As an adult (technically if not always in behaviour) of 35, there are many books I love. Many tales I’ve reread a dozen or more times and every time found something new to surprise and delight me. I still read Fantastic Mr Fox. He is still my favourite literary hero.

The stories in Fox & Fae celebrate the fox for all the wonderful attributes they share with Dahl’s creation. The book also explores the downsides of being beautiful and clever. It also visit the flip side of that, in ‘A Crackling Fart’ for example our foxy fellow’s superiority and cleverness are his downfall as much as his greed. It’s a wonderful collection of stories and I hope someone somewhere will take one of our foxes to their heart as much as I did Fantastic Mr Fox.

Tales of the Fox and Fae will be out this summer in the mean time there are plenty of other Fox Spirit titles out there.

If you check out the rest of the site you will find a small number of foxes caught on camera around the world. Fox photos are by Phil Knott.

Happy Birthday To Us.

Happy Birthday the Fox Spirit Skulk

The process of getting up and running took place over May and June last year with the first book going live on the 4th July 2012, but our first blog post went up on the 2nd June 2012, so we were officially a year old yesterday. You should all get yourselves a cake and pop a candle in it to celebrate. I will be.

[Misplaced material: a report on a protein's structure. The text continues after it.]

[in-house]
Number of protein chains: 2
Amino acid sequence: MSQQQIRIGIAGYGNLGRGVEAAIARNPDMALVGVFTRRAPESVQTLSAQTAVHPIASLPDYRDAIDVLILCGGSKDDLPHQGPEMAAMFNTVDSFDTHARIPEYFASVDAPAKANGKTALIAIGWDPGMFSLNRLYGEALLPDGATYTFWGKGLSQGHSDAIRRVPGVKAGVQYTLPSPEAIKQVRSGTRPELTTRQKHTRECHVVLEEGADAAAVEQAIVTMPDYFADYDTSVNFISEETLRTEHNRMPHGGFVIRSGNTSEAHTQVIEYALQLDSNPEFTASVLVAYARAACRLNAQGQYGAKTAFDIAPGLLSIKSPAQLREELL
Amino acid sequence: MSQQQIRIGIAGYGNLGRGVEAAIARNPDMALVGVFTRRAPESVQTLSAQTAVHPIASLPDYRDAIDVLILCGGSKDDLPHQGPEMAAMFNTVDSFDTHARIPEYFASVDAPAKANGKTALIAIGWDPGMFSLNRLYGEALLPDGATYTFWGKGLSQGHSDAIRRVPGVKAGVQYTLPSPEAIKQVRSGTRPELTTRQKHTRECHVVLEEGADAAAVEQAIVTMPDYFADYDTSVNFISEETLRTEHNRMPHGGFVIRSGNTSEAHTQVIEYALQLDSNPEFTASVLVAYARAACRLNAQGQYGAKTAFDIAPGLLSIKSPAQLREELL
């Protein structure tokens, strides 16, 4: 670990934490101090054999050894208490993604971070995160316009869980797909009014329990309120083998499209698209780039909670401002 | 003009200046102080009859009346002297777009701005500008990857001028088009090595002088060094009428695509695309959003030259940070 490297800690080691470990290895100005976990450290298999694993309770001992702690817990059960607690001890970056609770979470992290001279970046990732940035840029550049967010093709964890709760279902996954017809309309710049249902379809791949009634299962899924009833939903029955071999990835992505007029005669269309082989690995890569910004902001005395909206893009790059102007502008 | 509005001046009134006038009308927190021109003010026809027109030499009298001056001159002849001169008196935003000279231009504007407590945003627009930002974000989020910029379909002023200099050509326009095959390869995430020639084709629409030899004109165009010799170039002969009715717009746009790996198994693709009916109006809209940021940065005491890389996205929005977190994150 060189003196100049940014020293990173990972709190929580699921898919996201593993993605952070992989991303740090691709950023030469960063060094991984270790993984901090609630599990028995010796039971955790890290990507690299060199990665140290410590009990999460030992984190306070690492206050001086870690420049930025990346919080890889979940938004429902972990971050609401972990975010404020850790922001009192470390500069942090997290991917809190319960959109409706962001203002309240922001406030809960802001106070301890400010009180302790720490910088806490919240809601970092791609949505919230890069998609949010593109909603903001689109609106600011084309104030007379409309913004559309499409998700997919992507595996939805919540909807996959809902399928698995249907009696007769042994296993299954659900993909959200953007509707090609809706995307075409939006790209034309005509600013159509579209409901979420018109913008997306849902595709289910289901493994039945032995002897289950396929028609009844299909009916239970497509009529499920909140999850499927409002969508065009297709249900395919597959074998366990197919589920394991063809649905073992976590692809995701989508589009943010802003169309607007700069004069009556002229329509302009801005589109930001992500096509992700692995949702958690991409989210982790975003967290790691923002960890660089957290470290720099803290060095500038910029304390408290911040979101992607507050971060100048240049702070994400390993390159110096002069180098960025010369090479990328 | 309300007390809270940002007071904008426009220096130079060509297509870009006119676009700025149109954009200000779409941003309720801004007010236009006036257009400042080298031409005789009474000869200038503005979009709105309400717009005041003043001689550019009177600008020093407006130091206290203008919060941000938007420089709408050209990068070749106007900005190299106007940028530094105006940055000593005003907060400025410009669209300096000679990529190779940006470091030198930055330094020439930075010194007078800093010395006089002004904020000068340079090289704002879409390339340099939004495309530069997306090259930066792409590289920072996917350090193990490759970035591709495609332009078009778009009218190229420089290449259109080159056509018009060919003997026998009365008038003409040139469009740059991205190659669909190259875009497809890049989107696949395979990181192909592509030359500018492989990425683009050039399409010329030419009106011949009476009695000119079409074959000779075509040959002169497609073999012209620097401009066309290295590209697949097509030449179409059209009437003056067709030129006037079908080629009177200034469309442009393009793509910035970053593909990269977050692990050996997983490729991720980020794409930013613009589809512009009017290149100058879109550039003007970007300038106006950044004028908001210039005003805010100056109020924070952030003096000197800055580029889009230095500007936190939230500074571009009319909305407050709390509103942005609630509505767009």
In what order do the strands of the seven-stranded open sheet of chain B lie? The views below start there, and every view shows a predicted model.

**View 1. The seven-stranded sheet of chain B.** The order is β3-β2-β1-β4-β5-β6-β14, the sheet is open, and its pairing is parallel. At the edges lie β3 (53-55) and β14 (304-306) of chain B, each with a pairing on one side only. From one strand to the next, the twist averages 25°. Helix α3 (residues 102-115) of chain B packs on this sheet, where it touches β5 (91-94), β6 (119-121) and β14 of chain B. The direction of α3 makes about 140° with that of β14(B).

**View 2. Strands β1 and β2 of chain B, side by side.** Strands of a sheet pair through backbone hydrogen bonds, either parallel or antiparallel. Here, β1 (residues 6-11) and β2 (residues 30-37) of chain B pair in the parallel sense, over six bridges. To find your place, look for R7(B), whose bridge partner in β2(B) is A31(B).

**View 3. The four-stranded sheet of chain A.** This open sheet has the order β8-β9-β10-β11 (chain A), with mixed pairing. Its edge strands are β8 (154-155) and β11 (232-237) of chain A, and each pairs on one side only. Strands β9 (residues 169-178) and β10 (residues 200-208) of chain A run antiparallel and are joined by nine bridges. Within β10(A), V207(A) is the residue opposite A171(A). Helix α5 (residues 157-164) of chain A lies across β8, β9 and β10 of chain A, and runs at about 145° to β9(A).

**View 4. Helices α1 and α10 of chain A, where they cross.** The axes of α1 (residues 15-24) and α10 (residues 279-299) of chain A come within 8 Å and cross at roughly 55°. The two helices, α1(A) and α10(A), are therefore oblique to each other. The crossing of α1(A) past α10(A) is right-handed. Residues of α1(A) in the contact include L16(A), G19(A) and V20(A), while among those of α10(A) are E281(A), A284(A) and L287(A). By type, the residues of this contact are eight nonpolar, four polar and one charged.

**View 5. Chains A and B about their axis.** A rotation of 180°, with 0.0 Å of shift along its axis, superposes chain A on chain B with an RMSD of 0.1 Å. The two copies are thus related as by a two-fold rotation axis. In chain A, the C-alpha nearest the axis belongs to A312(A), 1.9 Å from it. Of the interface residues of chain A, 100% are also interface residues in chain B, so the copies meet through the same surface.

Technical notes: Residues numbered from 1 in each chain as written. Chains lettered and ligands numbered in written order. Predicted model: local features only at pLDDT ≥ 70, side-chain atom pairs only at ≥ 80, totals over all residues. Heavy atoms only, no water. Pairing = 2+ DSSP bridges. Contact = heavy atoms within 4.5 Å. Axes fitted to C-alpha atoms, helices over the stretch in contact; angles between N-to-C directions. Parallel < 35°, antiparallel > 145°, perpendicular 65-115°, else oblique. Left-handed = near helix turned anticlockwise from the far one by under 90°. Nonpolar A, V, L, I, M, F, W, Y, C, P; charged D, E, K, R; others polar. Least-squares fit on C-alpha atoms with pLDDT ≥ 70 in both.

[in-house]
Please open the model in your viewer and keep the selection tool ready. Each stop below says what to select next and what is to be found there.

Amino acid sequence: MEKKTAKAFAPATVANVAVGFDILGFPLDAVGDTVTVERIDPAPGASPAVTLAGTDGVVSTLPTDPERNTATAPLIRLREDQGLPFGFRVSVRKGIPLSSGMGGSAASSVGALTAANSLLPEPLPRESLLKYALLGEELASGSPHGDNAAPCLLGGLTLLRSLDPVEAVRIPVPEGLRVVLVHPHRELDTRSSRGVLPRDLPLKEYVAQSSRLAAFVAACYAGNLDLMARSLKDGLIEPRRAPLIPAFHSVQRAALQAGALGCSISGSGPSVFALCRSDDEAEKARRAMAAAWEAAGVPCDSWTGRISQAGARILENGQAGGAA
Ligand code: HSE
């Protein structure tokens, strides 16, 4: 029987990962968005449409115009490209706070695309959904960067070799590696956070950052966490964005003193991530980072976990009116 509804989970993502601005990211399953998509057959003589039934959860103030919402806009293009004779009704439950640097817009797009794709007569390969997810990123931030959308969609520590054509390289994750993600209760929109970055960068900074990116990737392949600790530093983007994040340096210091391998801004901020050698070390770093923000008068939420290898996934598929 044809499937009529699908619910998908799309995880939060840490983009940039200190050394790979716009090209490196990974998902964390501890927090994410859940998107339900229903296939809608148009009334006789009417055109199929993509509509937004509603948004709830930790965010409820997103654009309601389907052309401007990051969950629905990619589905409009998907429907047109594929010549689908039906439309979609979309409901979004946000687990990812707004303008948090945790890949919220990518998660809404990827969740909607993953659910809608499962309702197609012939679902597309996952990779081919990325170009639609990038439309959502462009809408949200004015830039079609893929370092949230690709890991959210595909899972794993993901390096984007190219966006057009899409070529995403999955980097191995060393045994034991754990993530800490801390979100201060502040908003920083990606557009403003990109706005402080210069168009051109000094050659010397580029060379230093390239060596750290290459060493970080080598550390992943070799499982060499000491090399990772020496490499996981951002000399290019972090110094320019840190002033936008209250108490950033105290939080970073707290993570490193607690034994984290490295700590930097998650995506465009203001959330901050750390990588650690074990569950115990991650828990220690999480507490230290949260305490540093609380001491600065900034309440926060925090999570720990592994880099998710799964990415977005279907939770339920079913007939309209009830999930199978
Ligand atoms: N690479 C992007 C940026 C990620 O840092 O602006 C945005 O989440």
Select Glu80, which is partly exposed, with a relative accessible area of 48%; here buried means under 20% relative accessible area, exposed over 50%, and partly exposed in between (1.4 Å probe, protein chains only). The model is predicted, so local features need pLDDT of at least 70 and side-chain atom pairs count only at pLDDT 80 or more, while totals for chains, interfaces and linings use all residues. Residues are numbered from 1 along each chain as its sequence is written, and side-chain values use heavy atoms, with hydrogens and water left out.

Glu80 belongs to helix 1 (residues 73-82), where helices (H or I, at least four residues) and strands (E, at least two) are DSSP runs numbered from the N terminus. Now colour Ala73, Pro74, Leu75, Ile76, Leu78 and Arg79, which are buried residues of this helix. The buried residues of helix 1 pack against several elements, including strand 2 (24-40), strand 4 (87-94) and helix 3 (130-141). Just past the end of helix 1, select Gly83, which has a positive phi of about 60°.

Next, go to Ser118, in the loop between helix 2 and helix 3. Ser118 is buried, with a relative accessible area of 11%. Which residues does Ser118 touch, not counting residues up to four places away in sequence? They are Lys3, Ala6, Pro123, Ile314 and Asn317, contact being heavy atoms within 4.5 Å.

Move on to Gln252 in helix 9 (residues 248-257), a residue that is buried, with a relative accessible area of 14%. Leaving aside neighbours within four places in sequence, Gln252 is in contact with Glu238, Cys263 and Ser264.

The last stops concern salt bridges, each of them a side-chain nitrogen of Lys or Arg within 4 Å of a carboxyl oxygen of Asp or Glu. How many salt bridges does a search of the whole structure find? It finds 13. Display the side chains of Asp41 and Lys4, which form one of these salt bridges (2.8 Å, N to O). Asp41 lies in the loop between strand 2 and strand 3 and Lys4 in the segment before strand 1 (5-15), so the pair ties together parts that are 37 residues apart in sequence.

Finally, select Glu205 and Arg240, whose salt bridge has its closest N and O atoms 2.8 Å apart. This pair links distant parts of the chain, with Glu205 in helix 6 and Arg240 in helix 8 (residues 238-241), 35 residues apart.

I spent the birthday doing the 2012/13 year accounts so I thought today I’d give you all a bit of a round up of the year. Lessons learned and a few highlights from the figures, that sort of thing.

I have learned that things do not go to plan. Even if I control every thing perfectly (which I don’t) then there will still be delays and hiccups and more changes to make.

I’ve learned that no matter how many people go through a document and no matter how many times there will always be one or two errors that sneak in. The largest of which was half the final story in Nun & Dragon being missing when the ebook first went live. If anyone who bought it never got the updated download (Kindle were supposed to make this available automatically) then let me know and I will send it to you btw.